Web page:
Vietnam seeks solution to restructure university system
Many weak higher education establishments exist in Vietnam, but it is impossible to dissolve and restructure them overnight.
Contributing his opinion to the draft on restructuring higher education establishments from the Ministry of Education and Training (MOET), Le Viet Khuyen, former director of the Higher Education Department, said in the long term, MOET will not be able to cover a system with many universities.
However, if the ministry wants to re-organize the schools by dissolving and merging them, it needs a detailed roadmap with concrete steps.
Many plans on restructuring higher education establishments in the past were drafted and submitted to the government, but they were not implemented.
Khuyen said re-organizing the higher education network doesn’t mean merging two schools or merging weak schools with strong ones to create stronger schools.
It would be unreasonable to merge local schools with national schools because they have different missions.
Local schools prepare the labor force for localities, while national schools are central schools which produce bachelor’s degree graduates with national and international stature. The lecturing staff of the two types of schools are different and meet different standards.
|Local schools prepare the labor force for localities, while national schools are central schools which produce bachelor’s degree graduates with national and international stature. The lecturing staff of the two types of schools are different and meet different standards.|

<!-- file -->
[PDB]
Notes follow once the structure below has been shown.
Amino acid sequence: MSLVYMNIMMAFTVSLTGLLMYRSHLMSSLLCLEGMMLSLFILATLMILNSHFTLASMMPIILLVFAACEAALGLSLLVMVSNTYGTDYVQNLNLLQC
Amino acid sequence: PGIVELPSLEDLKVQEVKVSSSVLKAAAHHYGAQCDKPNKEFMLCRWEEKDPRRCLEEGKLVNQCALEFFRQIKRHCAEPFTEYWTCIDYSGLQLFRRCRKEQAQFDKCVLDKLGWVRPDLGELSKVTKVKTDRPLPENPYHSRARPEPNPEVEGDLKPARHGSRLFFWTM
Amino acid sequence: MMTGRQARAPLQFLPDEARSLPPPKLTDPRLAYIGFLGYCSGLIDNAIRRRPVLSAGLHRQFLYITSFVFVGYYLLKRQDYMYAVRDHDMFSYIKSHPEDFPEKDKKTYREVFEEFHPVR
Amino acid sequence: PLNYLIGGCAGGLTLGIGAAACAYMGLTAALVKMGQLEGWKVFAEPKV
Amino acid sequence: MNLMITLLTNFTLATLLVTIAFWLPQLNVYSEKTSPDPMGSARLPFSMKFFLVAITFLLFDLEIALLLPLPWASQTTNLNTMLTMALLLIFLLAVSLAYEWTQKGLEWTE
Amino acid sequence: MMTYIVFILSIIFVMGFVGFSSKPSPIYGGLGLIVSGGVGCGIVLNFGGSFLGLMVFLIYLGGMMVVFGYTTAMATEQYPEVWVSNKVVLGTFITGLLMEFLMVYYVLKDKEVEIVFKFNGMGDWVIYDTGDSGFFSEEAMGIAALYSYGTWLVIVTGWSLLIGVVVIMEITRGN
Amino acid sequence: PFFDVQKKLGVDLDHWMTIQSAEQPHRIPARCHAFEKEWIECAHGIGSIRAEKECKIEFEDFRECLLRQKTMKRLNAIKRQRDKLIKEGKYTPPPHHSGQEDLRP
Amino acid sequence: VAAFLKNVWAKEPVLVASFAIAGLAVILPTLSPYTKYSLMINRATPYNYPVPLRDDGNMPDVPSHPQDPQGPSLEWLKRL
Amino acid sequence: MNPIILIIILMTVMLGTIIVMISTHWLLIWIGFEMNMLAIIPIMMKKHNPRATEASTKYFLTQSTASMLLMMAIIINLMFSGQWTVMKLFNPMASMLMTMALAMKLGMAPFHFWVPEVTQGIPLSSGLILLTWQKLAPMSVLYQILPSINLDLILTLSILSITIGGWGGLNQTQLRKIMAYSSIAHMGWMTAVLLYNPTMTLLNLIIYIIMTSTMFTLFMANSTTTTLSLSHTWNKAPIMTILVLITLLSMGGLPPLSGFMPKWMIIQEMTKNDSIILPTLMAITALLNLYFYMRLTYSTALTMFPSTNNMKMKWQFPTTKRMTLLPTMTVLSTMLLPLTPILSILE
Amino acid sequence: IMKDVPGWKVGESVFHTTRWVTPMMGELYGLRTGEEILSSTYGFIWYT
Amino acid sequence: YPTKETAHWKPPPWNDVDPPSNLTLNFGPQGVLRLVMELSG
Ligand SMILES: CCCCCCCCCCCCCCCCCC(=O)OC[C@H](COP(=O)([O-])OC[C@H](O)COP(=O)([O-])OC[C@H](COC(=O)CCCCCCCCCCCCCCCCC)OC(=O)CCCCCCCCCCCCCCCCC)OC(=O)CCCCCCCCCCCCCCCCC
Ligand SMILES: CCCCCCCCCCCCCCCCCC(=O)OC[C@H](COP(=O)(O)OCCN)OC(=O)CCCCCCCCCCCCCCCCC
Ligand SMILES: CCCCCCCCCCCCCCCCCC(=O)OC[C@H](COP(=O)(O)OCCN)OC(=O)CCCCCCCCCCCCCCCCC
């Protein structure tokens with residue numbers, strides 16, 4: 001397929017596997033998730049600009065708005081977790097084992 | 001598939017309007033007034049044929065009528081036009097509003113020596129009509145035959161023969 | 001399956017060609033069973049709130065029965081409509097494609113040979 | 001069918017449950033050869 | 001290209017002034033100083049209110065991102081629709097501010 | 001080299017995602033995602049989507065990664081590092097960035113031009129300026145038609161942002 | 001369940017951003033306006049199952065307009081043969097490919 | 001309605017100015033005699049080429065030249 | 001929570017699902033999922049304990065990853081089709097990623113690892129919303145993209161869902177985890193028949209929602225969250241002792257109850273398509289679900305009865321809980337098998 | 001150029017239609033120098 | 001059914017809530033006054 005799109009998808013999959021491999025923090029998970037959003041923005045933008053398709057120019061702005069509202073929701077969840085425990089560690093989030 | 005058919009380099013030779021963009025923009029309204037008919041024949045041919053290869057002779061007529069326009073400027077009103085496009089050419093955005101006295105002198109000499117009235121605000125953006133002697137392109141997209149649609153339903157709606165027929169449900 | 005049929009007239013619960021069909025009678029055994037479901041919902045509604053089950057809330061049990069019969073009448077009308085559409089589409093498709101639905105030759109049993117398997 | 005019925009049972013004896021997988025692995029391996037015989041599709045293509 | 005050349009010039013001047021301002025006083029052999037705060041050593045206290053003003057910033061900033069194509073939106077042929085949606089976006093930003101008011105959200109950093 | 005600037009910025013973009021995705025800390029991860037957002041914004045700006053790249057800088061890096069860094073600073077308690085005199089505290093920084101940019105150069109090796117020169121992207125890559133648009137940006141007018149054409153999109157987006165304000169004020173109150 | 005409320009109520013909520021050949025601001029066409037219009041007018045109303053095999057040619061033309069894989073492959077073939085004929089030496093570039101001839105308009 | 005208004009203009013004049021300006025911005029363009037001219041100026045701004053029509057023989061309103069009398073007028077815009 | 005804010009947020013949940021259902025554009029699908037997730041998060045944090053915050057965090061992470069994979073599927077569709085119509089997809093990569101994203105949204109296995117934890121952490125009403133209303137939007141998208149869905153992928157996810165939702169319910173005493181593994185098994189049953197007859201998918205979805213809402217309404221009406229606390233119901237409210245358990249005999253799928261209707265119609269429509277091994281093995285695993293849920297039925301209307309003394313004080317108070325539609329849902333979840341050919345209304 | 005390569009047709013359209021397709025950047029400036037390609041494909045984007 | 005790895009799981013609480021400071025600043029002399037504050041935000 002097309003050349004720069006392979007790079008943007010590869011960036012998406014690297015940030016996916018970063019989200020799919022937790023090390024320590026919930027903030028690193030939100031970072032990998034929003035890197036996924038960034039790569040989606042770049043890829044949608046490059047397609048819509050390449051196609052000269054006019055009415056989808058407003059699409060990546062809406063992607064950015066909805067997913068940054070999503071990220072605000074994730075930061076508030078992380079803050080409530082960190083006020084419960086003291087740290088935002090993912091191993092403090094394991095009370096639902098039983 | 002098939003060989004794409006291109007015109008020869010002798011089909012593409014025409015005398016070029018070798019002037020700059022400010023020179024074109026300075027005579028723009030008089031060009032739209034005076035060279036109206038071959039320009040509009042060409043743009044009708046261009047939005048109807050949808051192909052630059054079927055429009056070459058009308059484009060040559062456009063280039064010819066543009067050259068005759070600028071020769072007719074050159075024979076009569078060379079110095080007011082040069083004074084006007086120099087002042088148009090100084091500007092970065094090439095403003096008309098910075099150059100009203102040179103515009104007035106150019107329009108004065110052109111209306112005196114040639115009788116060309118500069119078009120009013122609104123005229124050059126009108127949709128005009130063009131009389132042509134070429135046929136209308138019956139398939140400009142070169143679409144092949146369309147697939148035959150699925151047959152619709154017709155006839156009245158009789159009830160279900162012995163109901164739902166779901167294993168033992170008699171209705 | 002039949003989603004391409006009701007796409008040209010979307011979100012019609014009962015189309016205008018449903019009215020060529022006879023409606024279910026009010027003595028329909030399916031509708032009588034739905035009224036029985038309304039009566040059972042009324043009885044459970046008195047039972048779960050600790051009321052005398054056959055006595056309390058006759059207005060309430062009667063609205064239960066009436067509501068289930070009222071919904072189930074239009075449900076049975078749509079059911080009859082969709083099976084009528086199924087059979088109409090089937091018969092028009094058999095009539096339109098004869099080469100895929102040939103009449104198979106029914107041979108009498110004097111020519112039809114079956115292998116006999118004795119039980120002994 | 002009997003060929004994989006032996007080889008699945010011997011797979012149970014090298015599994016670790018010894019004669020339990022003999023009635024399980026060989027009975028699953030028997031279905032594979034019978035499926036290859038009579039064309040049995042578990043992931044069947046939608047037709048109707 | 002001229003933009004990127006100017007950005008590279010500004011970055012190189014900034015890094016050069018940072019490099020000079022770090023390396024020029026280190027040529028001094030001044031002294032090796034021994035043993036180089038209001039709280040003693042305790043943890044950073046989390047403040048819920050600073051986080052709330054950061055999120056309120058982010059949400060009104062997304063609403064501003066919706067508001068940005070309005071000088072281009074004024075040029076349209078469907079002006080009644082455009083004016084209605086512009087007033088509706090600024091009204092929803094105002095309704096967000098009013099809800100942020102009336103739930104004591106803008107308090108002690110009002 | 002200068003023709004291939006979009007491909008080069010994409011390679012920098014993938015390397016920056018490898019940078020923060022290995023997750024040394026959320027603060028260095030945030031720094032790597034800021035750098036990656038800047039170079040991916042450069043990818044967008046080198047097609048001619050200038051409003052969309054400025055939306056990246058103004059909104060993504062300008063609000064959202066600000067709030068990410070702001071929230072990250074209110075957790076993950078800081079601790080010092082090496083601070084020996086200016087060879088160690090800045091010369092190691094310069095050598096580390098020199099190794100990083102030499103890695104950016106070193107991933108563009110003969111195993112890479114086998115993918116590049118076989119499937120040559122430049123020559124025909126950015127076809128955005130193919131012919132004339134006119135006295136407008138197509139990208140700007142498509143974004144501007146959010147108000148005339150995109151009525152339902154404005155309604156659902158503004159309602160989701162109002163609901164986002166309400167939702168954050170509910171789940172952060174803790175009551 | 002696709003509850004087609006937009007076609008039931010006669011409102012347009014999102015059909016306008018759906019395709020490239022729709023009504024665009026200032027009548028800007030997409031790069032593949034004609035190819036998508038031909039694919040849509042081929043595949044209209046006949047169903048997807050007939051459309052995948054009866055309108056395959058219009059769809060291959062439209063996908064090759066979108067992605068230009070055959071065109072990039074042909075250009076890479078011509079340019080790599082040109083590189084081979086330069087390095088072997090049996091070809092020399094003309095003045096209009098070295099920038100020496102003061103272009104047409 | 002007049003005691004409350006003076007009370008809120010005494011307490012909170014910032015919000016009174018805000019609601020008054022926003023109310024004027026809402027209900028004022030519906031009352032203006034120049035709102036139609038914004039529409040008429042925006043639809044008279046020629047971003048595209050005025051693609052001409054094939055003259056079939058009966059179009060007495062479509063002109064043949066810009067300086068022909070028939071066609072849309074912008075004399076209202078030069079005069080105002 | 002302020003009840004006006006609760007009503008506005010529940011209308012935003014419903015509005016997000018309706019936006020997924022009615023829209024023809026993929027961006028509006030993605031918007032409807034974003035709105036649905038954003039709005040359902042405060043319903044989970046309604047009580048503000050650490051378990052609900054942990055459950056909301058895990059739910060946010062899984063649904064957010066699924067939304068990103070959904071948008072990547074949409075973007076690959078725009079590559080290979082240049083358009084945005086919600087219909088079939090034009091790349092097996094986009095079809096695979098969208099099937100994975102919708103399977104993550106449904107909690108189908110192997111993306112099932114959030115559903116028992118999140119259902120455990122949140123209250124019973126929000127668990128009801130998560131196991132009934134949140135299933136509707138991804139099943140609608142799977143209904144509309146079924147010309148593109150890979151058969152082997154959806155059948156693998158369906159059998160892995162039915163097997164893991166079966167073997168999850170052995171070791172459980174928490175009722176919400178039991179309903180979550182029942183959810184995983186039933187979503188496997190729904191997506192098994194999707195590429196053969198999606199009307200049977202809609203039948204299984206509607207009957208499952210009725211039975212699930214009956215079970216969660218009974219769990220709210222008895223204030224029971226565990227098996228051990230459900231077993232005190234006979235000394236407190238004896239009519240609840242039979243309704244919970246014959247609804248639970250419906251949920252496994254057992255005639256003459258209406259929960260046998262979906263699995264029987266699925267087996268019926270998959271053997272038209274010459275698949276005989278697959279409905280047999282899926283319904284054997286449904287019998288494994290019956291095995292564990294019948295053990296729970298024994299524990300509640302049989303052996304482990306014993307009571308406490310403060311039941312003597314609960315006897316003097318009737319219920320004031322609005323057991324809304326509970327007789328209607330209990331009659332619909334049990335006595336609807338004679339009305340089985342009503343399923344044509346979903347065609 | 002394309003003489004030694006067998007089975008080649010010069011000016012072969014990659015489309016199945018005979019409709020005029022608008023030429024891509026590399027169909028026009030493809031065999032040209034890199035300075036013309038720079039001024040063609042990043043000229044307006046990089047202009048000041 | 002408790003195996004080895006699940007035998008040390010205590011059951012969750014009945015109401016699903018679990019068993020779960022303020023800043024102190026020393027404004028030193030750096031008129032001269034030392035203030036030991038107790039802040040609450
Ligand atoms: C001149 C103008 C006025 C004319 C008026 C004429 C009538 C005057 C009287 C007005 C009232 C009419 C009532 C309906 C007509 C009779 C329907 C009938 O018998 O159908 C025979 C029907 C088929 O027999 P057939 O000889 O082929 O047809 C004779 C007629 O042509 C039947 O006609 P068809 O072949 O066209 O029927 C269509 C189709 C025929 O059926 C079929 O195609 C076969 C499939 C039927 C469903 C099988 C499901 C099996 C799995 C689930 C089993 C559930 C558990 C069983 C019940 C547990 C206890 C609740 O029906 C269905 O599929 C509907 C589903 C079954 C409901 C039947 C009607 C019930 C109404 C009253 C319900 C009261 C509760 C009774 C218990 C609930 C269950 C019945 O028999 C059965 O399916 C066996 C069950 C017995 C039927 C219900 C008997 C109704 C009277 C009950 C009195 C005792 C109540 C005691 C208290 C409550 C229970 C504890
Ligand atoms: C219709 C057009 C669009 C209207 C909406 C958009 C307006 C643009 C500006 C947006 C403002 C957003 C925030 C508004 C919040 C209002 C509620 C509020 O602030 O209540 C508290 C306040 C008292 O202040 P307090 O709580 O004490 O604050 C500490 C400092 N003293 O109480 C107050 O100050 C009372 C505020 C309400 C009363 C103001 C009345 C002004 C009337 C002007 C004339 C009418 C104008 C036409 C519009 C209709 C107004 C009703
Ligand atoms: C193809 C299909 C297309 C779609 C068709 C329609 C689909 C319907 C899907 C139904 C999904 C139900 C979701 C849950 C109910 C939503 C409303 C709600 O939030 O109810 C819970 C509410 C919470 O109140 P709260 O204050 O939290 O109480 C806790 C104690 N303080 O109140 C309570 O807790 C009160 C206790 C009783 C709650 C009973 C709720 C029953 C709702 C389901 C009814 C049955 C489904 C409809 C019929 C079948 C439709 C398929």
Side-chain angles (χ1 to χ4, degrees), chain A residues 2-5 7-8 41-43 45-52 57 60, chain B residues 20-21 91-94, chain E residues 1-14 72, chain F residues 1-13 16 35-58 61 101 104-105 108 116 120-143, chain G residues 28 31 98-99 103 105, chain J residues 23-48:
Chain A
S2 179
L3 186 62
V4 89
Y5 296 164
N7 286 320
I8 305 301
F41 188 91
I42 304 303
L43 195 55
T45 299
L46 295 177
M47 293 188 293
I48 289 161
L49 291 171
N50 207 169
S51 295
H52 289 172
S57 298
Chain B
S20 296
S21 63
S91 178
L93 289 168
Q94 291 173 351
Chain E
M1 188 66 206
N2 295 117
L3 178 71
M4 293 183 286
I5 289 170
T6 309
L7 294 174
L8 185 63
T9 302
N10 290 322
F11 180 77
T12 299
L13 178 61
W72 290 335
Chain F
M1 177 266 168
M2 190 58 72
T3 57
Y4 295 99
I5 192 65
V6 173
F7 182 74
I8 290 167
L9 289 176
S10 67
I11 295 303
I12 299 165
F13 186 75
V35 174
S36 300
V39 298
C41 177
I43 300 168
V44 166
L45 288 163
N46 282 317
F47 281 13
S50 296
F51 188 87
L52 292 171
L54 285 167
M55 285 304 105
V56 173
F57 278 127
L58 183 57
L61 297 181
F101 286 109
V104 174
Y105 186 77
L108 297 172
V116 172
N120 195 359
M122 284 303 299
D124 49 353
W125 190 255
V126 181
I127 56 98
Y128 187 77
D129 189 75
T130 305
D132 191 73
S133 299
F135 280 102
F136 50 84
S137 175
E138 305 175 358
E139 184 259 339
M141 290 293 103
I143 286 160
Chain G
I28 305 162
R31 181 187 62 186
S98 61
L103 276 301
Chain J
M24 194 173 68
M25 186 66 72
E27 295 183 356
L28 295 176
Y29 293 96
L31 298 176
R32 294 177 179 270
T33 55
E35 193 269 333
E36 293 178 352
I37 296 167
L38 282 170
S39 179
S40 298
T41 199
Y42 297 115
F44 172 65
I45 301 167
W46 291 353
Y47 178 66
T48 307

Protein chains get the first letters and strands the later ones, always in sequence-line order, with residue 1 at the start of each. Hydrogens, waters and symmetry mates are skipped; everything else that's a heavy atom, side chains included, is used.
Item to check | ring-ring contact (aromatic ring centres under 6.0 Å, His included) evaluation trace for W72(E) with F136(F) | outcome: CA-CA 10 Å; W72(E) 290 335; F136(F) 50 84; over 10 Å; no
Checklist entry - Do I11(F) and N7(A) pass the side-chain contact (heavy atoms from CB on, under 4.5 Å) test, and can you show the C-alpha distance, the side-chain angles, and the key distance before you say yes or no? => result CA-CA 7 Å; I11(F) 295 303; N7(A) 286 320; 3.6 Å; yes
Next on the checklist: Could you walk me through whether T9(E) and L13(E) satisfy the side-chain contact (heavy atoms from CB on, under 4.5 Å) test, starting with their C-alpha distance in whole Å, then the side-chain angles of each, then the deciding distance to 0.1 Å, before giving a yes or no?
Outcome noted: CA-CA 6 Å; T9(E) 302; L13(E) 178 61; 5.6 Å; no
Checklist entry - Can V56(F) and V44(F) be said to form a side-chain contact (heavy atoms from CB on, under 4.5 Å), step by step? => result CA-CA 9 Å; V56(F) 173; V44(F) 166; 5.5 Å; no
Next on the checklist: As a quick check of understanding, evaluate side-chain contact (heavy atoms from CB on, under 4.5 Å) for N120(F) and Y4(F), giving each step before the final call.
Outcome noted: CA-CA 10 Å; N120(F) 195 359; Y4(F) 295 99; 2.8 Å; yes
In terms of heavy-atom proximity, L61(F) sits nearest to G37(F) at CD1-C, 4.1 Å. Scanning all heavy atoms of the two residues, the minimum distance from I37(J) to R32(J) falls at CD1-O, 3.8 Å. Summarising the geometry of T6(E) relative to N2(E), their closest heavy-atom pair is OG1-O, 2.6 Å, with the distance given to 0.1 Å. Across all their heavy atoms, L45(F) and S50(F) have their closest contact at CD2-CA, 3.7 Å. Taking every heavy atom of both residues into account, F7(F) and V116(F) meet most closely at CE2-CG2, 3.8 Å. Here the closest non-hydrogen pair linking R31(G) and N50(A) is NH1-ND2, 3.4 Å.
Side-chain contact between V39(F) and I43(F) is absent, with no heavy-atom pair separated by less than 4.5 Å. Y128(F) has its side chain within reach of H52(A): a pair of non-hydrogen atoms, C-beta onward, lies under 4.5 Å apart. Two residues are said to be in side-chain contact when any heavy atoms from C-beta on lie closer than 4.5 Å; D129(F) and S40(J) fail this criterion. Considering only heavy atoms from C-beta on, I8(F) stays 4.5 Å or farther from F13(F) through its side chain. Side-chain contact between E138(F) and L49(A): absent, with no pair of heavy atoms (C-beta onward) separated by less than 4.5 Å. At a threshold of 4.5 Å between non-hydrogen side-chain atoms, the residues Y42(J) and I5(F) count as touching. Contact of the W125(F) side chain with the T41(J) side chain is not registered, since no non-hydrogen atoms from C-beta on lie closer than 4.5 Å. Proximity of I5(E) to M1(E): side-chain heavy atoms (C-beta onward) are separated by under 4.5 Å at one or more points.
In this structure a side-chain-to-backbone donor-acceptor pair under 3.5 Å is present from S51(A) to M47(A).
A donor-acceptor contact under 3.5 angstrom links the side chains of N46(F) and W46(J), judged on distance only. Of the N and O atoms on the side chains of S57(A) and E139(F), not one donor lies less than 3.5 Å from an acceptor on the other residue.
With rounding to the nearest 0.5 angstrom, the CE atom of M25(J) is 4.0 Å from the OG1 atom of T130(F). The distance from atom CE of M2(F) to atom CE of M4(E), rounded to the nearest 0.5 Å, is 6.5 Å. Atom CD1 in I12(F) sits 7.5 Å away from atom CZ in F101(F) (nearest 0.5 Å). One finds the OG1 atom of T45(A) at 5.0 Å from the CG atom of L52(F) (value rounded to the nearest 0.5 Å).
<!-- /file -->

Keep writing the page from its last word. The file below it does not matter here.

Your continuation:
A university lecturer in Hanoi said there must be criteria to decide which schools are strong and which are weak. He said that all schools should undergo examination and accreditation.
Weak schools will not be dissolved immediately. The watchdog agency will ask them to stop weak training majors and fix problems. Only if the schools cannot settle the problems will they be dissolved.
Lam Quang Thiep from Thang Long University said accreditation plays a very important role in ensuring a healthy education network. The universities that have low training quality, low enrollment, and difficulty meeting requirements must be dissolved.
He said that one of the important tools to assess school quality is school accreditation and curriculum accreditation.
Hoang Minh Son, rector of the Hanoi University of Science and Technology, said that merging, uniting and connecting universities into large and multidisciplinary ones is a popular trend, especially in the context of stiff competition.
Large universities will have better opportunities and capability to attract investment from the state and businesses for research and training.
According to Pham Minh Hac, former Minister of Education and Training, the higher education network in Vietnam expanded too rapidly in the last 10-15 years. Vietnam will have to dissolve schools which cannot provide high training quality, and it must be done soon, he said.
Ho Chi Minh City-based Nguyen Tat Thanh University has been rated as a four-star educational institution by the UK rating system, QS Stars.
Hanoi University of Science and Technology (HUST) has been listed among the world's top 400 strongest universities for engineering and technology.